The Register appealed the decision in Polk County District Court. Chief District Judge Arthur Gamble ruled that the IPIB did not err in its decision that the video was a confidential record.

McFatridge was convicted in May 2015 of assault causing bodily injury.

Attorney must be present to close meeting to discuss strategy

The Iowa Court of Appeals in March concluded that the Iowa open meetings law requires government bodies to have their counsel present in order to close a meeting to discuss litigation strategy.

James Olinger and Larry Meyer sued the members of the Harrison County Board of Supervisors, alleging that the board held two illegally closed meetings in 2013 as trustees of the Utman Drainage District. The stated rationale for closing the meetings was to discuss matters related to litigation, but counsel was not present at either meeting. Chapter 21.5(1)(c) allows government bodies to close a meeting “to discuss strategy with counsel in matters that are presently in litigation or where litigation is imminent where its disclosure would be likely to prejudice or disadvantage the position of the government body in that litigation.”

The plaintiffs requested, as provided in Chapter 21.5(5), that a district court judge listen to the recordings of the closed sessions to determine whether they could have access to the records to prepare their case. After listening to the recordings, the judge ordered the recording of one meeting released, saying a public discussion would not have prejudiced the trustees in litigation. However, the judge found that the recording of the second meeting should not be released. The court ordered each trustee who had participated in that meeting to pay a $100 fine, but later suspended the fine.

Both sides challenged aspects of the judge’s ruling, including that the district court found an open meetings violation and imposed a fine without allowing the trustees an opportunity to present defenses. The plaintiffs argued that the court imposed damages before determining whether the defendants knowingly violated the law, which would have triggered heightened penalties; erred in suspending the fines, and also in failing to award the plaintiffs attorney fees and costs.

The Iowa Court of Appeals found errors in the district court’s ruling and remanded it. One of the issues that the appellate court said it expected the lower court to address on remand is whether counsel must be present at meetings closed to discuss current or imminent litigation — and concluded through its analysis of the law and legislative history that the government body’s attorney must be present in order for the exception to apply.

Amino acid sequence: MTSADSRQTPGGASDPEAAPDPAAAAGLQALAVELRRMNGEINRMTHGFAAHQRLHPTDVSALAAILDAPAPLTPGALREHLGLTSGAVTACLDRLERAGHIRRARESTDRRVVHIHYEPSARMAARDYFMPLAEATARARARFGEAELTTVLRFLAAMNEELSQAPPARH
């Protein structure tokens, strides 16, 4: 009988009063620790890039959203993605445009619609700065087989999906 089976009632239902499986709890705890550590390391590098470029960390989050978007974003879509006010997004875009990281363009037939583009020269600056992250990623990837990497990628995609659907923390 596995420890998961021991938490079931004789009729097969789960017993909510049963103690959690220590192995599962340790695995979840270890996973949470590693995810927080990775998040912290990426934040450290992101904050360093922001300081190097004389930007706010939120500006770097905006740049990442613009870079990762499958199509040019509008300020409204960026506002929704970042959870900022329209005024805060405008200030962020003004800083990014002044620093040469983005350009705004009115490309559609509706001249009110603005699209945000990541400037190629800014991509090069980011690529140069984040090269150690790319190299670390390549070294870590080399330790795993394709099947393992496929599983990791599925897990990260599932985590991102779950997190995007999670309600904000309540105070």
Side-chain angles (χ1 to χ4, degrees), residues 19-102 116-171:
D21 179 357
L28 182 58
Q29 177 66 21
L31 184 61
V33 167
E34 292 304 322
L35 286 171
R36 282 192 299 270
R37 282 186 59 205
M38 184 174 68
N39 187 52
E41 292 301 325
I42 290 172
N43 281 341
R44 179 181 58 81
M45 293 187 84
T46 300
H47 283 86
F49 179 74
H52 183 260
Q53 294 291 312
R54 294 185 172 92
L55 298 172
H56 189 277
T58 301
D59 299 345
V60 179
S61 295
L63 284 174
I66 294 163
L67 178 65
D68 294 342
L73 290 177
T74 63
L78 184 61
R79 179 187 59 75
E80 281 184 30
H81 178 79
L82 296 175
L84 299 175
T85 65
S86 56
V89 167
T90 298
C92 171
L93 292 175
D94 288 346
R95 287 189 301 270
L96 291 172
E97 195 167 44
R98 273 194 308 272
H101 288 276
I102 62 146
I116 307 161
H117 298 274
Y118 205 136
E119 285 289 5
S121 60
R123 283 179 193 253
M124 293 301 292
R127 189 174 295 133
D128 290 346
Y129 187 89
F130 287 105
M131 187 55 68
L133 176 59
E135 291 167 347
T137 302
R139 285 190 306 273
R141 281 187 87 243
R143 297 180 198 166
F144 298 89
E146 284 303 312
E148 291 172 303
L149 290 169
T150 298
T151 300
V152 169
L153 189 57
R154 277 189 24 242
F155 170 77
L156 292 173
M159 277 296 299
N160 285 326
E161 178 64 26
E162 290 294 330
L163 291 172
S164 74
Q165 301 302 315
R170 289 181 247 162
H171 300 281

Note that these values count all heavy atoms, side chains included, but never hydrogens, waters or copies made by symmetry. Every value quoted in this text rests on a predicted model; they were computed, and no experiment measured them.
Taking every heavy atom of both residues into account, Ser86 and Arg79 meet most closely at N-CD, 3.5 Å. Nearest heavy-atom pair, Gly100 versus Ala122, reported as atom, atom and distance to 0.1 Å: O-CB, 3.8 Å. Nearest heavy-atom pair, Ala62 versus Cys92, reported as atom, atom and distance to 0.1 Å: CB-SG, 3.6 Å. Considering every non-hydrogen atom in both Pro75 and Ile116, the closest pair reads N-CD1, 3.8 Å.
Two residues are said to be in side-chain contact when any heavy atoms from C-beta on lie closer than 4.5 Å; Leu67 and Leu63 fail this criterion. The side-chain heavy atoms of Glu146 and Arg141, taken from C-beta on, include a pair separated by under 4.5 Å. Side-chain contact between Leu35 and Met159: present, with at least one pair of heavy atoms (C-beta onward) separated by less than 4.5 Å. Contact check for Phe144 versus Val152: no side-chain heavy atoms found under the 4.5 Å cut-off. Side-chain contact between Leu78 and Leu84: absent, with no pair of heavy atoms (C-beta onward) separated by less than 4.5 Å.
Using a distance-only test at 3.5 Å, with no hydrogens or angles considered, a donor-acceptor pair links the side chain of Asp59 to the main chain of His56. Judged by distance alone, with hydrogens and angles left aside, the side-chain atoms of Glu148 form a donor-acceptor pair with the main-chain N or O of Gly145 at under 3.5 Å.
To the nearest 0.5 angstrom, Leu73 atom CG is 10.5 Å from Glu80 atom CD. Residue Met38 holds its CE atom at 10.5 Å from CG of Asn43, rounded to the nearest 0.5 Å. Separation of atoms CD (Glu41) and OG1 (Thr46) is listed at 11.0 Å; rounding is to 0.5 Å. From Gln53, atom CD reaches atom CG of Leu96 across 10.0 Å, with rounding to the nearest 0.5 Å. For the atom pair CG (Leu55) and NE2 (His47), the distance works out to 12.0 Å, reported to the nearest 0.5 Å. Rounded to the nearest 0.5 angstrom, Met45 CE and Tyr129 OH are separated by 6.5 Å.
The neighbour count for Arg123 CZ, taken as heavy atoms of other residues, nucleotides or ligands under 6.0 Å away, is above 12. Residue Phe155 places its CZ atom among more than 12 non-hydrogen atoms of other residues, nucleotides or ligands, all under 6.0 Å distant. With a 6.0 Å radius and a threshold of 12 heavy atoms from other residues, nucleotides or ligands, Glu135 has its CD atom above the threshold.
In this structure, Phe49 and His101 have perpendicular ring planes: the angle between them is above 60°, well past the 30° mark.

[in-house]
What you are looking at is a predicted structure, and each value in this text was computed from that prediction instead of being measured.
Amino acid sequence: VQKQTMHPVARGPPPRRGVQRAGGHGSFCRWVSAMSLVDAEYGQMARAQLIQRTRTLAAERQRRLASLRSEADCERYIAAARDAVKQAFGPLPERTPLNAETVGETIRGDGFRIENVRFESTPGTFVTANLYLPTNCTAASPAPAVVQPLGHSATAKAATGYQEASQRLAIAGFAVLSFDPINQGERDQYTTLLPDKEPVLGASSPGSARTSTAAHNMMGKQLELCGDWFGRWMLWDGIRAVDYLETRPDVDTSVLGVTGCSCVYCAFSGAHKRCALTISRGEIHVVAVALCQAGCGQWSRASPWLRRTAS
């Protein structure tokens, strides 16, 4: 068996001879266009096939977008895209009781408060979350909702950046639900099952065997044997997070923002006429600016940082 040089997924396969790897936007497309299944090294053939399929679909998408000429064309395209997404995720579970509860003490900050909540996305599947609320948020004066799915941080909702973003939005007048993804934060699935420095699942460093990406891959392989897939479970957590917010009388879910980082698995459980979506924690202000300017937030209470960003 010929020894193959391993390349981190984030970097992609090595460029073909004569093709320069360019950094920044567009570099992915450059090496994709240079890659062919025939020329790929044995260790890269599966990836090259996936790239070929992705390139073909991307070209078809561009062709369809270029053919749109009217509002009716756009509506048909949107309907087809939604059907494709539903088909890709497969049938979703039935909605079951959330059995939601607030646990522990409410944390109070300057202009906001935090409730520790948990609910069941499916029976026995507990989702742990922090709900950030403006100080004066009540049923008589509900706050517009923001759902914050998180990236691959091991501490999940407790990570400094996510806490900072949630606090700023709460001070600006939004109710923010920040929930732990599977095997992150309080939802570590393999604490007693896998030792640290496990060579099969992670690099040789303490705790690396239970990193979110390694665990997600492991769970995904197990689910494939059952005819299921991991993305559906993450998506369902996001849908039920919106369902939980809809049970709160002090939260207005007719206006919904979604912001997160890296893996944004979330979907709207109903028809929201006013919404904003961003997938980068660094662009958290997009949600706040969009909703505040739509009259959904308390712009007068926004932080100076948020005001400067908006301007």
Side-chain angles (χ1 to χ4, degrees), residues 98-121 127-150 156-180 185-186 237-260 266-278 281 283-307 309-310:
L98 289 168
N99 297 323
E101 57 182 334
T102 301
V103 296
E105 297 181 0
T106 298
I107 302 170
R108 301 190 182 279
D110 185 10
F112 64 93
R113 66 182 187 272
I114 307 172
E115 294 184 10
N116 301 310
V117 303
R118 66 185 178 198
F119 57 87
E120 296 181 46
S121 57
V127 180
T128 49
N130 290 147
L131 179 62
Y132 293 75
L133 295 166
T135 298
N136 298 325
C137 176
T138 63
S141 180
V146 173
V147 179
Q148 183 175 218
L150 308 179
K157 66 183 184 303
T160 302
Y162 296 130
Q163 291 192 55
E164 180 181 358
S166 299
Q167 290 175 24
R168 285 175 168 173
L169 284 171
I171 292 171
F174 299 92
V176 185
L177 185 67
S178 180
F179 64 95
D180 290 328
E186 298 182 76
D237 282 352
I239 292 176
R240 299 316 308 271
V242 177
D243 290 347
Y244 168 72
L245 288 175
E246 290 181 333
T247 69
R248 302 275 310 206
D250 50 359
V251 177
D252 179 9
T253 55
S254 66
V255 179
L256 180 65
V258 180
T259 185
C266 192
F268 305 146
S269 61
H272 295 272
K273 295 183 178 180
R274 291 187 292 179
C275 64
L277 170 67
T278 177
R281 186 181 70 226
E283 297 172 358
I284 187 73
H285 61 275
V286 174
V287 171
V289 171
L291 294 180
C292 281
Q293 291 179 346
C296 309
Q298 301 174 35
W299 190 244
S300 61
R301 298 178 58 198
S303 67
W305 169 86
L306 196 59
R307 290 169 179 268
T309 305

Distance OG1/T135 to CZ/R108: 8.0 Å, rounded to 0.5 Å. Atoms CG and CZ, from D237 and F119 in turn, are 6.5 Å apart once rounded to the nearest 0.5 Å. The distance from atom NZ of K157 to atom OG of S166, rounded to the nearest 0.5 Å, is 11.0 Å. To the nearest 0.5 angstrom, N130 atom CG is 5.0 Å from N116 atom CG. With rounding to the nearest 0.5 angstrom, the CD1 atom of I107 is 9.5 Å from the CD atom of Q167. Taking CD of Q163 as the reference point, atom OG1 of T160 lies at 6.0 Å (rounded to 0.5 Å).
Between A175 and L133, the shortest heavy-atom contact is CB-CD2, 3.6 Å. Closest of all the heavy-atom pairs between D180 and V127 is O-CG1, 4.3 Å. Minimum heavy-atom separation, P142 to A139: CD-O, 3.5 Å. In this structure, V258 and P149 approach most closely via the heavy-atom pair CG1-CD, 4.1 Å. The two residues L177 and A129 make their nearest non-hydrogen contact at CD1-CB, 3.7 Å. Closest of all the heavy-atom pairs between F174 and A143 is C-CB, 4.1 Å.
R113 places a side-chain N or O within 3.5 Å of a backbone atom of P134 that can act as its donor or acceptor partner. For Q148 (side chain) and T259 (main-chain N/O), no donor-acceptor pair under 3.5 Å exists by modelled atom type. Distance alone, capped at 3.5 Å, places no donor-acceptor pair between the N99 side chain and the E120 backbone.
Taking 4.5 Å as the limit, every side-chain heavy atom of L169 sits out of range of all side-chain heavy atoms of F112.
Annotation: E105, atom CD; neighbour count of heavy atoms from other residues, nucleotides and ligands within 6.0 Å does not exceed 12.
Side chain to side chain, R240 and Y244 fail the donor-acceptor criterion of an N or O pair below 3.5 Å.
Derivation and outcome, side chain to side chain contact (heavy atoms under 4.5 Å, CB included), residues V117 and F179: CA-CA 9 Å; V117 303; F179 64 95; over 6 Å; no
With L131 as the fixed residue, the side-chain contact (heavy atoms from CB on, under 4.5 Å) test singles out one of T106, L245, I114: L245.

[James W. Olinger and Larry C. Meyer v. Robert Smith, Walter Utman and Gaylord Pitt, Harrison County, Iowa, and Utman Drainage District, No. 14-0751, Iowa Court of Appeals, March 25, 2015]

Insurer settles privacy lawsuit by former D.M. superintendent

The insurer for Des Moines Public Schools in August settled a lawsuit with former superintendent Nancy Sebring, agreeing to pay her $350,000.

The settlement came after Polk County District Judge Robert Hutchison ruled this spring that Sebring’s sexually explicit emails with a lover are public record.

The school district discovered the emails in spring 2012 while responding to public records requests from The Des Moines Register and the Omaha World-Herald about Sebring’s move to a new job in Omaha. Sebring abruptly resigned, then lost the Omaha job after the emails became public. Sebring claims that the district’s release of the emails ruined her life, and she sued the district and school officials for invasion of privacy, intentional infliction of emotional distress, interference with contract of employment, and conspiracy.

The district’s insurance company decided to settle the lawsuit to avoid the expense of litigation.